SLEP007: Feature names, their generation and the API

Author:Adrin Jalali
Type:Standards Track
Vote opened:2021-10-26
Vote closed:2021-11-29

Implemented with v1.1.0.


This SLEP proposes the introduction of the feature_names_in_ attribute for all estimators, and the get_feature_names_out method for all transformers. We here discuss the generation of such attributes and their propagation through pipelines. Since for most estimators there are multiple ways to generate feature names, this SLEP does not intend to define how exactly feature names are generated for all of them.


scikit-learn has been making it easier to build complex workflows with the ColumnTransformer and it has been seeing widespread adoption. However, using it results in pipelines where it’s not clear what the input features to the final predictor are, even more so than before. For example, after fitting the following pipeline, users should ideally be able to inspect the features going into the final predictor:

X, y = fetch_openml("titanic", version=1, as_frame=True, return_X_y=True)

# We will train our classifier with the following features:
# Numeric Features:
# - age: float.
# - fare: float.
# Categorical Features:
# - embarked: categories encoded as strings {'C', 'S', 'Q'}.
# - sex: categories encoded as strings {'female', 'male'}.
# - pclass: ordinal integers {1, 2, 3}.

# We create the preprocessing pipelines for both numeric and categorical data.
numeric_features = ['age', 'fare']
numeric_transformer = Pipeline(steps=[
    ('imputer', SimpleImputer(strategy='median')),
    ('scaler', StandardScaler())])

categorical_features = ['embarked', 'sex', 'pclass']
categorical_transformer = Pipeline(steps=[
    ('imputer', SimpleImputer(strategy='constant', fill_value='missing')),
    ('onehot', OneHotEncoder(handle_unknown='ignore'))])

preprocessor = ColumnTransformer(
        ('num', numeric_transformer, numeric_features),
        ('cat', categorical_transformer, categorical_features)])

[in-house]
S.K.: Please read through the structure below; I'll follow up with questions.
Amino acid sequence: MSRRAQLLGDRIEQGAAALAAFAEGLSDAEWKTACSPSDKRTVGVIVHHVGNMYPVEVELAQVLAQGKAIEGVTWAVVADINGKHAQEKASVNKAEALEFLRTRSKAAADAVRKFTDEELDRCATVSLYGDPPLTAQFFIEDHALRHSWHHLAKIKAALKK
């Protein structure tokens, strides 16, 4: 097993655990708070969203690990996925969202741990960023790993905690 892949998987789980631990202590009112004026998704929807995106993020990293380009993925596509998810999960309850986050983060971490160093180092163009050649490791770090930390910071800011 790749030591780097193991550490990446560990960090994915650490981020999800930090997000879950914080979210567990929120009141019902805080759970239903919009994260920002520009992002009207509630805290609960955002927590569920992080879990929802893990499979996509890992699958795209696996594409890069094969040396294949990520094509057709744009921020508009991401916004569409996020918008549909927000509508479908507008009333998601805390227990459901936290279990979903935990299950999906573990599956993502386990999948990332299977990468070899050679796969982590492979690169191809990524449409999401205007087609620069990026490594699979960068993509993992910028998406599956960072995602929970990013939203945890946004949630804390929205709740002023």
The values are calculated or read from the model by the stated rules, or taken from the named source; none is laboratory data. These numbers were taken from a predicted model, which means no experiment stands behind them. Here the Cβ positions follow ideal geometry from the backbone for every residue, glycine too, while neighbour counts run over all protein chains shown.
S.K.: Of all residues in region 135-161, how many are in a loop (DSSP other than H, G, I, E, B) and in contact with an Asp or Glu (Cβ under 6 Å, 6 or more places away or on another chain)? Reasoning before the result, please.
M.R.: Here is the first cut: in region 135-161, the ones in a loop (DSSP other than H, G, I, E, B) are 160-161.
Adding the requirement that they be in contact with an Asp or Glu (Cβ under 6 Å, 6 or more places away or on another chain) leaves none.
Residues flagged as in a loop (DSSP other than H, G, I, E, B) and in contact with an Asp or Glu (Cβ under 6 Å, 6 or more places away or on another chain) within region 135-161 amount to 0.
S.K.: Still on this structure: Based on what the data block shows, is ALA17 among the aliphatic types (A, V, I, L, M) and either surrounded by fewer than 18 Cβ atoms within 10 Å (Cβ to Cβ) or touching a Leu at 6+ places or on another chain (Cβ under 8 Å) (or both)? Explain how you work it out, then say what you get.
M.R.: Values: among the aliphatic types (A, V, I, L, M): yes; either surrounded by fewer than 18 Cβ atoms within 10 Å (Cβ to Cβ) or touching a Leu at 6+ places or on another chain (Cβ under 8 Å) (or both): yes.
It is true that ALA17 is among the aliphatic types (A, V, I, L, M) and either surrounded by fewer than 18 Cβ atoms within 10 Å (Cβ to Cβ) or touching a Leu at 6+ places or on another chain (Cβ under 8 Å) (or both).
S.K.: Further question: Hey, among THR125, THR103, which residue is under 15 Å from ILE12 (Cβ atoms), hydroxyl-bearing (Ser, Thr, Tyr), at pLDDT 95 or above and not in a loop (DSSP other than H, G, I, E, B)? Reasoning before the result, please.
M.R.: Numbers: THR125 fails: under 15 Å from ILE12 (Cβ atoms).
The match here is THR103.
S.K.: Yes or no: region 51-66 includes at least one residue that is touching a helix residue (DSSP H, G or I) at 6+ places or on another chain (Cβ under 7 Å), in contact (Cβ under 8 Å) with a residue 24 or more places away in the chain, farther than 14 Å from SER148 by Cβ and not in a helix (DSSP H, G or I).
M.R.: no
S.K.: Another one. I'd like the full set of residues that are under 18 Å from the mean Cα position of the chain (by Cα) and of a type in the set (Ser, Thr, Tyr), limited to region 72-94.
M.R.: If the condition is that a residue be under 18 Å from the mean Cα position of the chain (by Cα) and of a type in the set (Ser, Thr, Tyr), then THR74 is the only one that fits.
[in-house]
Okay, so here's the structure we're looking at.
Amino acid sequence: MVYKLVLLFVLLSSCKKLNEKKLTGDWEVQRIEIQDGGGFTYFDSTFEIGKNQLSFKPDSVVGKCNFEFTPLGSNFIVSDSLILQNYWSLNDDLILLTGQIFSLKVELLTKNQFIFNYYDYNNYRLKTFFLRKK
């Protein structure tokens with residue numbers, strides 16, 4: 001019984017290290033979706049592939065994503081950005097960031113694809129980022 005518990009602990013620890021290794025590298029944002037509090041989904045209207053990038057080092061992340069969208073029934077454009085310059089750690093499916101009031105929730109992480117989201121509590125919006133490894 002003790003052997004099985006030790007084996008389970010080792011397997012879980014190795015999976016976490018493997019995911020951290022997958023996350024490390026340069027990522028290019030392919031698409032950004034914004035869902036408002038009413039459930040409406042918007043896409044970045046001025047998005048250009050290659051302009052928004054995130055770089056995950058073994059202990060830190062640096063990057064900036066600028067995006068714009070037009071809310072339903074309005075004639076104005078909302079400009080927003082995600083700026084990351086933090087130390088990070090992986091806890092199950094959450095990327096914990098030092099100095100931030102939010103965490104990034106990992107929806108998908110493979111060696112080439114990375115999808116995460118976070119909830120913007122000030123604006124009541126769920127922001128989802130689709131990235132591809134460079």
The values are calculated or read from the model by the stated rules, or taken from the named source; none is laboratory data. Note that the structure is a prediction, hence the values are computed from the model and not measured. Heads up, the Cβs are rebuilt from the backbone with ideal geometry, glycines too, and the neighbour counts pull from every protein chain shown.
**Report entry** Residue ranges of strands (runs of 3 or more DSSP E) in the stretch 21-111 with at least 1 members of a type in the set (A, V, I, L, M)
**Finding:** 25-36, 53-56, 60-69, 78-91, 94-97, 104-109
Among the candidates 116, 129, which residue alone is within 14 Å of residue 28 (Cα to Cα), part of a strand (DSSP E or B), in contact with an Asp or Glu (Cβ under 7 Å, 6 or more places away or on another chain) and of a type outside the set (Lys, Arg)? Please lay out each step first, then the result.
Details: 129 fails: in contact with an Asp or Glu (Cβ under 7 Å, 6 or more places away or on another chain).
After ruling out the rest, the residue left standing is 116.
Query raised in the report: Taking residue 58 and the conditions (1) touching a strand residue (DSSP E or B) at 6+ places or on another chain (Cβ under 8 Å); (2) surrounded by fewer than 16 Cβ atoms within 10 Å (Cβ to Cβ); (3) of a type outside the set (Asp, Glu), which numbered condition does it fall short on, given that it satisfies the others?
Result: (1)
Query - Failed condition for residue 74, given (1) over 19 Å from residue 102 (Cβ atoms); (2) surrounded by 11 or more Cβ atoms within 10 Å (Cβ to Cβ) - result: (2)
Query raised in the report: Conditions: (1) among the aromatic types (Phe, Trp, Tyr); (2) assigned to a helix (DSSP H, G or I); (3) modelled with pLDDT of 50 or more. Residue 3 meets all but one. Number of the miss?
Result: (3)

# Append classifier to preprocessing pipeline.
# Now we have a full prediction pipeline.
clf = Pipeline(steps=[('preprocessor', preprocessor),
                      ('classifier', LogisticRegression())])

X_train, X_test, y_train, y_test = train_test_split(X, y, test_size=0.2), y_train)

However, it’s impossible to interpret or even sanity-check the LogisticRegression instance that’s produced in the example, because the correspondence of the coefficients to the input features is basically impossible to figure out.

This proposal suggests adding feature_names_in_ attribute and get_feature_names_out method to fitted estimators: , such that in the abovementioned example clf[-1].feature_names_in_ and clf[-2].get_feature_names_out() will be:


Ideally the generated feature names describe how a feature is generated at each stage of a pipeline. For instance, cat__sex_female shows that the feature has been through a categorical preprocessing pipeline, was originally the column sex, and has been one hot encoded and is one if it was originally female. However, this is not always possible or desirable especially when a generated column is based on many columns, since the generated feature names will be too long, for example in PCA. As a rule of thumb, the following types of transformers may generate feature names which corresponds to the original features:

  • Leave columns unchanged, e.g. StandardScaler
  • Select a subset of columns, e.g. SelectKBest
  • create new columns where each column depends on at most one input column, e.g OneHotEncoder
  • Algorithms that create combinations of a fixed number of features, e.g. PolynomialFeatures, as opposed to all of them where there are many. Note that verbosity considerations and verbose_feature_names_out as explained later can apply here.

This proposal talks about how feature names are generated and not how they are propagated.


The API for input and output feature names includes a feature_names_in_ attribute for all estimators, and a get_feature_names_out method for any estimator with a transform method, i.e. they expose the generated feature names via the get_feature_names_out method.

Note that this SLEP also applies to resamplers the same way as transformers.

Input Feature Names

The input feature names are stored in a fitted estimator in a feature_names_in_ attribute, and are taken from the given input data, for instance a pandas data frame. This attribute will be None if the input provides no feature names. The feature_names_in_ attribute is a 1d NumPy array with object dtype and all elements in the array are strings.

Output Feature Names

A fitted estimator exposes the output feature names through the get_feature_names_out method. The output of get_feature_names_out is a 1d NumPy array with object dtype and all elements in the array are strings. Here we discuss more in detail how these feature names are generated. Since for most estimators there are multiple ways to generate feature names, this SLEP does not intend to define how exactly feature names are generated for all of them. It is instead a guideline on how they could generally be generated.